(We've had to use this approach where I work as well, and it has it's good
and bad points.)

On Jan 23, 2008 10:43 AM, Julie Palmer <jpalmer at smc3.com> wrote:
>
> > I used to work in the airline industry, and my company completely
> > believed in the benefits of soft launch...nothing every got announced
> > until we knew it was in and performing well. We gave ourselves several
> > days to discover problems before we made any announcement.
>

23 Jan 2008 - 9:43am
Julie Palmer
2007

Another reason to soft launch, at least initially, it is to see how your
systems perform, to gather feedback from users who discover the new
feature (if you have a tool for that) and to give yourself an
opportunity to roll back to the previous version of the product quietly
if unexpected problems arise.

I used to work in the airline industry, and my company completely
believed in the benefits of soft launch...nothing every got announced
until we knew it was in and performing well. We gave ourselves several
days to discover problems before we made any announcement.

Some of our competitors would do huge announcements prior to launch
("Come look at our great new <insert product here> on <insert date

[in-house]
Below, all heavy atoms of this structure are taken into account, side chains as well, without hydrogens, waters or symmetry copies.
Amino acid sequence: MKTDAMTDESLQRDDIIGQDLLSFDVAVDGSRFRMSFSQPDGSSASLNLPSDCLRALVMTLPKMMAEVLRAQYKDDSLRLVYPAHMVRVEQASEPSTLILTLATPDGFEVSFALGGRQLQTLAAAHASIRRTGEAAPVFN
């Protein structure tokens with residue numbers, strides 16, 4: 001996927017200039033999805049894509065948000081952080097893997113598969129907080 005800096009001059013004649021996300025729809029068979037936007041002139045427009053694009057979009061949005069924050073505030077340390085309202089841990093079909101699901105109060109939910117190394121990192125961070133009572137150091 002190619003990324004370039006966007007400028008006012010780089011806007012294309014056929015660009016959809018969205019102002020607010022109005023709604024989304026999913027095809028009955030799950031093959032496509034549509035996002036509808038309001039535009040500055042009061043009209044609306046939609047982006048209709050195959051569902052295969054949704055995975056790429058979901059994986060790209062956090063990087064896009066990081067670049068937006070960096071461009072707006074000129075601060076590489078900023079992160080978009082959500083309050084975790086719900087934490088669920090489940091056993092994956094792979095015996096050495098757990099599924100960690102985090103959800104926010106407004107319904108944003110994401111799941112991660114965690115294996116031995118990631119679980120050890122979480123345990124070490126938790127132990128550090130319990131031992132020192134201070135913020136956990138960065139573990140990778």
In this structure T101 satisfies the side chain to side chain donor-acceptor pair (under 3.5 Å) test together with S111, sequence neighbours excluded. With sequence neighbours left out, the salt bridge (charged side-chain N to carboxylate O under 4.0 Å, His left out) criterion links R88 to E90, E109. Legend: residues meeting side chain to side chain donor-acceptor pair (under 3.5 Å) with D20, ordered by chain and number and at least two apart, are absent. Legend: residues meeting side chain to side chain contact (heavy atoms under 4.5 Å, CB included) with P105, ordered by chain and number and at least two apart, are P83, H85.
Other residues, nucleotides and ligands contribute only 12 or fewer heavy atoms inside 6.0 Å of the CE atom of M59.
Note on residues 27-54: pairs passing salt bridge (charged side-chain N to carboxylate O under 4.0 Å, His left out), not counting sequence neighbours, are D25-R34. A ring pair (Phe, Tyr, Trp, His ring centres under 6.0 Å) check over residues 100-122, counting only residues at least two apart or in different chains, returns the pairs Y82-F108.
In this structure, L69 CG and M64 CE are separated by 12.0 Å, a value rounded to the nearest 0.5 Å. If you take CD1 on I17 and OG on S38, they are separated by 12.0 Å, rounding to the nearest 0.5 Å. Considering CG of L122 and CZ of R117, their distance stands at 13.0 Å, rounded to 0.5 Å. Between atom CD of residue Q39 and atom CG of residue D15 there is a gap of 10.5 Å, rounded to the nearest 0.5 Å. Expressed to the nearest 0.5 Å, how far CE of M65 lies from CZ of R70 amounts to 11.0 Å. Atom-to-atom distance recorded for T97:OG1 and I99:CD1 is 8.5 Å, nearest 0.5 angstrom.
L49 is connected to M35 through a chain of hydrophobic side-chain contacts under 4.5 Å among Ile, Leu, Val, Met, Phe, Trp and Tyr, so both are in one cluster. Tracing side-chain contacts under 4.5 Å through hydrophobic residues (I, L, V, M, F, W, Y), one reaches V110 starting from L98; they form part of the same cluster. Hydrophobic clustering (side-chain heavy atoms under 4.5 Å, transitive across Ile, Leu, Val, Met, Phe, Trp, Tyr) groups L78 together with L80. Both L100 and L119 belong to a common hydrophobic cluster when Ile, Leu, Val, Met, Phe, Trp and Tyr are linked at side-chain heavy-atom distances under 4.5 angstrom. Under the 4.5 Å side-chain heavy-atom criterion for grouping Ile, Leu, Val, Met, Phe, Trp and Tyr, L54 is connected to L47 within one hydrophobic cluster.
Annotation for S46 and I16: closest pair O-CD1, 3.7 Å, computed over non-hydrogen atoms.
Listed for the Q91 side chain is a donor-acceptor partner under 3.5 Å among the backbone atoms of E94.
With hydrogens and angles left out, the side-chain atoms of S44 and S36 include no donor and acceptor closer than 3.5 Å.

here>!") The benefit would be the customer interest it generated, but
the risk was overloading a product that had not adequately been user
tested or a system that had not been properly load tested. From our
perspective, it was amusing (in a sick, sadistic sort of way) to see
their entire site crash on the big day. Not only did they wind up with
egg on their faces, but they lost revenue and inconvenienced customers
when their self-service products were brought down with the rest of the
site...a sad situation that could have easily been avoided by a
soft-launch approach.

-----Original Message-----
From: discuss-bounces at lists.interactiondesigners.com
[mailto:discuss-bounces at lists.interactiondesigners.com] On Behalf Of W
Evans
Sent: Wednesday, January 23, 2008 10:22 AM
To: Mark Schraad
Cc: IxDA
Subject: Re: [IxDA Discuss] new features

Mark -
I would say that if it's a potentially disruptive new feature - then
call it
out in some way - if it's a catch up feature - let it soft-launch
because as
you intimate - it draws attention to the fact that you are a latecomer
and
playing catch-up...
This actually just happened to me last night when I realzies that my
emails
in gmail are automagically getting labeld "Inbox" with a little (x) for
me
to remove or re-label the message. I thought it was cool - but so minor
there was no reason to call it out, but when I discovered it - I thought
to
myself, "Self - this is pretty cool - because most people don't even use
labels with gmail - so perhaps this might improve more users experience
with
the product.

Not really insightful - just my thoughts.

______________________________________________________________________
This email has been scanned by the MessageLabs Email Security System.
For more information please visit http://www.messagelabs.com/email